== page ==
• Pain and discomfort that ranges from mild tenderness to unbearable pain in the tooth on which the procedure was performed. The pain seems to increase when you apply pressure due to eating or while pressing on the tooth. Exposure to extreme temperatures also causes pain.
  • Pus discharge from the tooth – pus might be yellowish or greenish in color
  • Swollen and red tissue near the tooth, particularly on the gums around or underneath the tooth. Swelling can spread to your face and neck as well in some severe cases.
  • Discomfort or tenderness in swollen tissue, especially when you apply pressure to it or touch that area
  • A bad taste in the mouth
  • Bad breath from the infected tissue(3)

Can A Root Canal Infection Spread?

Just like any other infection, it is possible for a root canal infection also to spread to the surrounding tissue in the mouth. This means that the infection can spread to other teeth, the gums, and the tissue in the cheeks and face as well. Keep in mind that the infection will not go away or heal until it is treated, and the longer you wait to get it treated, the more likely it is that the infection will spread more.

How to Prevent Root Canal Infections?

There are several steps you can take to prevent the development of an infection after having a root canal procedure. This involves taking good care of your teeth after you have a root canal. Here are some tips to keep your teeth healthy and free of infection:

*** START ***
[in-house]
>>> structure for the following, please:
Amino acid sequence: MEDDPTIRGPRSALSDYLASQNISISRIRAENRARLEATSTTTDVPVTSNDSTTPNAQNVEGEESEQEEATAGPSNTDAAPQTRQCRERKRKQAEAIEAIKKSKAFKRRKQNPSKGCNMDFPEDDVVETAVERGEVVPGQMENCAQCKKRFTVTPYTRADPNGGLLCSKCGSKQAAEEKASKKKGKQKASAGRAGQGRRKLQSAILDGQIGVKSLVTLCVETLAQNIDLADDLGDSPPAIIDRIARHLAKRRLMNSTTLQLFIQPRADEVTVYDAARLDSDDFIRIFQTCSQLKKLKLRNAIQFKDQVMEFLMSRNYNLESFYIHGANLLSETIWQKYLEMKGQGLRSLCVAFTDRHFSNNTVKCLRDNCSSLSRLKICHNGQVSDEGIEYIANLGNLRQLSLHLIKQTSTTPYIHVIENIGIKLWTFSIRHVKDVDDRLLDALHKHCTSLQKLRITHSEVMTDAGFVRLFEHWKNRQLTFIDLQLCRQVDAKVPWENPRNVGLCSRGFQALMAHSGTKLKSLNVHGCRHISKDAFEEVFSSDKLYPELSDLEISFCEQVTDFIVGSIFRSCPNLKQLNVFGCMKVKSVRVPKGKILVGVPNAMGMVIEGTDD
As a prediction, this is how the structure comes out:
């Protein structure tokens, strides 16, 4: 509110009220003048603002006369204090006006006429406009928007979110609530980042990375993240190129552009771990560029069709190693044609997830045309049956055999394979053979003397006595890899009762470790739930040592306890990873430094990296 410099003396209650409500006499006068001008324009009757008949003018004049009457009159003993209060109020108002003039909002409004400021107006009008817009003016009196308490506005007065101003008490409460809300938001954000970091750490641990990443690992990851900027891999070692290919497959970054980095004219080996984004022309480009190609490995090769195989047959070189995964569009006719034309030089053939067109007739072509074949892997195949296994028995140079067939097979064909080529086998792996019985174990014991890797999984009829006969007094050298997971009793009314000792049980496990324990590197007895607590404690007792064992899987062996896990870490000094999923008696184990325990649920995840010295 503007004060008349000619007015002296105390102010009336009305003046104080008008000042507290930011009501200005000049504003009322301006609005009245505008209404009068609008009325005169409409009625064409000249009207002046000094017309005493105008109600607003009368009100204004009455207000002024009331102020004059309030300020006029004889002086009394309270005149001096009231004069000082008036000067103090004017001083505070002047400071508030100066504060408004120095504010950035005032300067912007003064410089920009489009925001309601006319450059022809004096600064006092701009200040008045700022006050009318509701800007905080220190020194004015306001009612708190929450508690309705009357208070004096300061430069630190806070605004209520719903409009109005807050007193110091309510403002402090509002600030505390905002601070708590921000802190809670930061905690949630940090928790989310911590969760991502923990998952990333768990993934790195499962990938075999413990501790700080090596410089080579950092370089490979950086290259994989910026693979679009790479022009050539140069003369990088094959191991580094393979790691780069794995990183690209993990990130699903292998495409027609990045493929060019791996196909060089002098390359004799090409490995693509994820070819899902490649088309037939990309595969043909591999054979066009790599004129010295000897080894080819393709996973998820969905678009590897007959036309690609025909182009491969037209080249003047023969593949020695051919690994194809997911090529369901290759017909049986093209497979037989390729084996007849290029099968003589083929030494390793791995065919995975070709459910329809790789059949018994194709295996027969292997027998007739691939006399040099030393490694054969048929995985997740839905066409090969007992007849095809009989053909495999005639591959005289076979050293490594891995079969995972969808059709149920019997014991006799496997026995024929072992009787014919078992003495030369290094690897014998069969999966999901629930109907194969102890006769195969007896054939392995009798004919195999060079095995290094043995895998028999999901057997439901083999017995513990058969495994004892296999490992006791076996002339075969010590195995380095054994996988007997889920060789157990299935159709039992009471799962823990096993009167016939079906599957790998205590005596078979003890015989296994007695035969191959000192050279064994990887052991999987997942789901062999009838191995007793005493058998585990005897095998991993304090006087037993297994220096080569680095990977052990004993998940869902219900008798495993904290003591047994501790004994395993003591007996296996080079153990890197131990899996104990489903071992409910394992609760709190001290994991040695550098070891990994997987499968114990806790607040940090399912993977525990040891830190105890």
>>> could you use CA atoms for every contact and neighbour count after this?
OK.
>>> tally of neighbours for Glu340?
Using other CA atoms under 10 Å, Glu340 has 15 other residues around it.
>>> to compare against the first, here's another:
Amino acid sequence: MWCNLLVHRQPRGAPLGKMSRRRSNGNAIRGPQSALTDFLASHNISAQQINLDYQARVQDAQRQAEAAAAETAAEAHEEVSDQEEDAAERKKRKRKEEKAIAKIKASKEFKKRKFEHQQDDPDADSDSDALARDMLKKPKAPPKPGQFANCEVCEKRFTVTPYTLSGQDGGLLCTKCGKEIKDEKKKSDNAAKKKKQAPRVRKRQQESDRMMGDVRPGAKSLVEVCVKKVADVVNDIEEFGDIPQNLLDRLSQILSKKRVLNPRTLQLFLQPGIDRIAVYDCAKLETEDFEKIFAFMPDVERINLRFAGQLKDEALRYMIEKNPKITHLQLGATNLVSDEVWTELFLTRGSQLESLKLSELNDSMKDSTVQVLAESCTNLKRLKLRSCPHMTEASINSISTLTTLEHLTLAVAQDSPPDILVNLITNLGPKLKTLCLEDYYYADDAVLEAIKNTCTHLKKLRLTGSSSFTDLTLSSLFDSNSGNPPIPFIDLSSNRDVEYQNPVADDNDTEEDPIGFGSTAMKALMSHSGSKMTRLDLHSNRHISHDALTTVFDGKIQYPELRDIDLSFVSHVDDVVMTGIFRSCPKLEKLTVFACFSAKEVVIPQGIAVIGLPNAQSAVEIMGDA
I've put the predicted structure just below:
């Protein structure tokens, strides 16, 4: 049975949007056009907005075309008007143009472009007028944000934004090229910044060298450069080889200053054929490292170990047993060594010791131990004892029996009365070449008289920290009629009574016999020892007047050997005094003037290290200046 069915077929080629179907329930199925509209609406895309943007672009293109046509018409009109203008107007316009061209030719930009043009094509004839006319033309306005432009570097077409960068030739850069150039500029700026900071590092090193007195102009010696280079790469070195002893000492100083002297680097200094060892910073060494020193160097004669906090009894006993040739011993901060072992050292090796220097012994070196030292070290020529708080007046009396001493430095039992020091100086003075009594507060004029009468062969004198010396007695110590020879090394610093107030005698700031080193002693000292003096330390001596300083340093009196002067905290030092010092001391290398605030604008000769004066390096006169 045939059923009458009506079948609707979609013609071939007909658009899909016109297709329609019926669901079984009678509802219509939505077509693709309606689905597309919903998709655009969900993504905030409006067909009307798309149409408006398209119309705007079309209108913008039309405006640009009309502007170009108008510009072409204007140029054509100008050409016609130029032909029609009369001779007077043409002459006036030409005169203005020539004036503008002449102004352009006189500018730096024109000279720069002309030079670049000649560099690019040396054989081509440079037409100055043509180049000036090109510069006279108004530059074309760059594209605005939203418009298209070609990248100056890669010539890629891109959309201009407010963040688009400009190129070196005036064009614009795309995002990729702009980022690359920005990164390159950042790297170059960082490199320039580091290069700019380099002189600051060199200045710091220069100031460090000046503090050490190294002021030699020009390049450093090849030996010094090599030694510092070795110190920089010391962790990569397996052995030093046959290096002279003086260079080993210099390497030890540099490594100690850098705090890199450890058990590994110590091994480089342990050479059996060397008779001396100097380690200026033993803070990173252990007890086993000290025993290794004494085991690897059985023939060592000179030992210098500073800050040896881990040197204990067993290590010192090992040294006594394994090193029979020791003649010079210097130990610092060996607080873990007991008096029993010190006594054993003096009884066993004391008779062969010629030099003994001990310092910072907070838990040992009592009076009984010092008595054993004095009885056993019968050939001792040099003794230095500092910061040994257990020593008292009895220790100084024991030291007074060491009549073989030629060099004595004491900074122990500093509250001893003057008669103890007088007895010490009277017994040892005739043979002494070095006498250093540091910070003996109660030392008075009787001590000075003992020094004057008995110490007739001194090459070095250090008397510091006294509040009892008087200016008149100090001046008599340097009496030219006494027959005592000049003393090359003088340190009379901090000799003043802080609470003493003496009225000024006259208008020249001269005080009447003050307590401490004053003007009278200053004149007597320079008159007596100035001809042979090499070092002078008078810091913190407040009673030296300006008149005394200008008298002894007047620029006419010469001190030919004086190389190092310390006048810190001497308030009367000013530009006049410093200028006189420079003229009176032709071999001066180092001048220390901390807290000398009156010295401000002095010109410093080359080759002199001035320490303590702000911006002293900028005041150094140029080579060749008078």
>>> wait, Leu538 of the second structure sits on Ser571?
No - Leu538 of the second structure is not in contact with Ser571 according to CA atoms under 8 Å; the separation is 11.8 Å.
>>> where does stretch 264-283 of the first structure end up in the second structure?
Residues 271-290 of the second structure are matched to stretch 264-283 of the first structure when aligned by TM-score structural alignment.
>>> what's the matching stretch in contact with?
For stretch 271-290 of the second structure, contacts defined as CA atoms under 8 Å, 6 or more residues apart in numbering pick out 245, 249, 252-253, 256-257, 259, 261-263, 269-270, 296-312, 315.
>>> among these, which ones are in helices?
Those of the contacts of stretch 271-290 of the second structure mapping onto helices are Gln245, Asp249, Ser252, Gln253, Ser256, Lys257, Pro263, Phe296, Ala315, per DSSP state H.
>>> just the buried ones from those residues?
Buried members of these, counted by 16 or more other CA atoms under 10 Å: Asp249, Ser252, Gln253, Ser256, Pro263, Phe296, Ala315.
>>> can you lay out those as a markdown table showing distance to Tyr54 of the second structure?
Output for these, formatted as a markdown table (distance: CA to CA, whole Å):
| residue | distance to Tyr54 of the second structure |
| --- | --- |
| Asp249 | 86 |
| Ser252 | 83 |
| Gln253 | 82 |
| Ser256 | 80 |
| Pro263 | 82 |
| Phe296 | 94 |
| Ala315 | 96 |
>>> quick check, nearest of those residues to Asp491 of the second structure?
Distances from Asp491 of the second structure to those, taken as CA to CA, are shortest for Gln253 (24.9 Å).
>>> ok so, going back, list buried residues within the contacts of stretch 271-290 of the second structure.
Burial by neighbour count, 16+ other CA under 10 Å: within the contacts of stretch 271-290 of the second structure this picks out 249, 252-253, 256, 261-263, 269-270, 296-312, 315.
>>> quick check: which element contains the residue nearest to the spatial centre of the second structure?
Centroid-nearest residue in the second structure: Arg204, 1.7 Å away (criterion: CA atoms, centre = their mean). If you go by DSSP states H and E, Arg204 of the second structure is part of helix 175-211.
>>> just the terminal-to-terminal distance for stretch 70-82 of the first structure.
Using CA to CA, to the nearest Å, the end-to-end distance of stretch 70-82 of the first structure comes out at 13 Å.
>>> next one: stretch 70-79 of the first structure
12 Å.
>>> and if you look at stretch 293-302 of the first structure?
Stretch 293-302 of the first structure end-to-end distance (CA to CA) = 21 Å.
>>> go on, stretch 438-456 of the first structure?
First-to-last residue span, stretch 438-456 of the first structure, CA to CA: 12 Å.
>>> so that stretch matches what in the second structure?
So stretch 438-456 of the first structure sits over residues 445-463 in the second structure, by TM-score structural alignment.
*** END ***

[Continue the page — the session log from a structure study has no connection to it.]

• Brush and floss at least two times a day.
  • Use an over-the-counter pain medication such as ibuprofen if you experience some tenderness and pain after the root canal.
  • Use a gentle but antiseptic mouthwash for the first couple of days after the root canal. Afterward as well it is recommended to use an antiseptic mouthwash itself to prevent any chances of an infection.
  • Make sure that you go back to your dentist for permanent restoration or a final crown as soon as possible after the treatment. This will completely seal the root canal from any bacteria and also keep your tooth safe.
  • Opt for getting dental cleanings done at least twice a year. This helps keep your teeth healthy, and your dentist will also be able to catch any tooth decay or tooth infections at an early stage.
  • If you notice any early symptoms of an infection, do not delay visiting your dentist. The earlier a root canal infection is diagnosed, the faster you will get better, and the lesser damage will be caused to your tooth.


  1. American Association of Endodontists. (2020). Quick Endodontic Facts – American Association of Endodontists. [online] Available at: https://www.aae.org/specialty/about-aae/news-room/endodontic-facts/ [Accessed 25 Feb. 2020].
  2. Sundqvist, G., 1992. Associations between microbial species in dental root canal infections. Oral microbiology and immunology, 7(5), pp.257-262.
  3. Kini, V.V., Pereira, R., Padhye, A., Kanagotagi, S., Pathak, T. and Gupta, H., 2012. Diagnosis and treatment of halitosis: An overview. J Contemp Dent, 2(3), pp.89-95.

Also Read:

Sheetal DeCaria, M.D.
Sheetal DeCaria, M.D.
Written, Edited or Reviewed By: Sheetal DeCaria, M.D. This article does not provide medical advice. See disclaimer
Last Modified On:March 6, 2020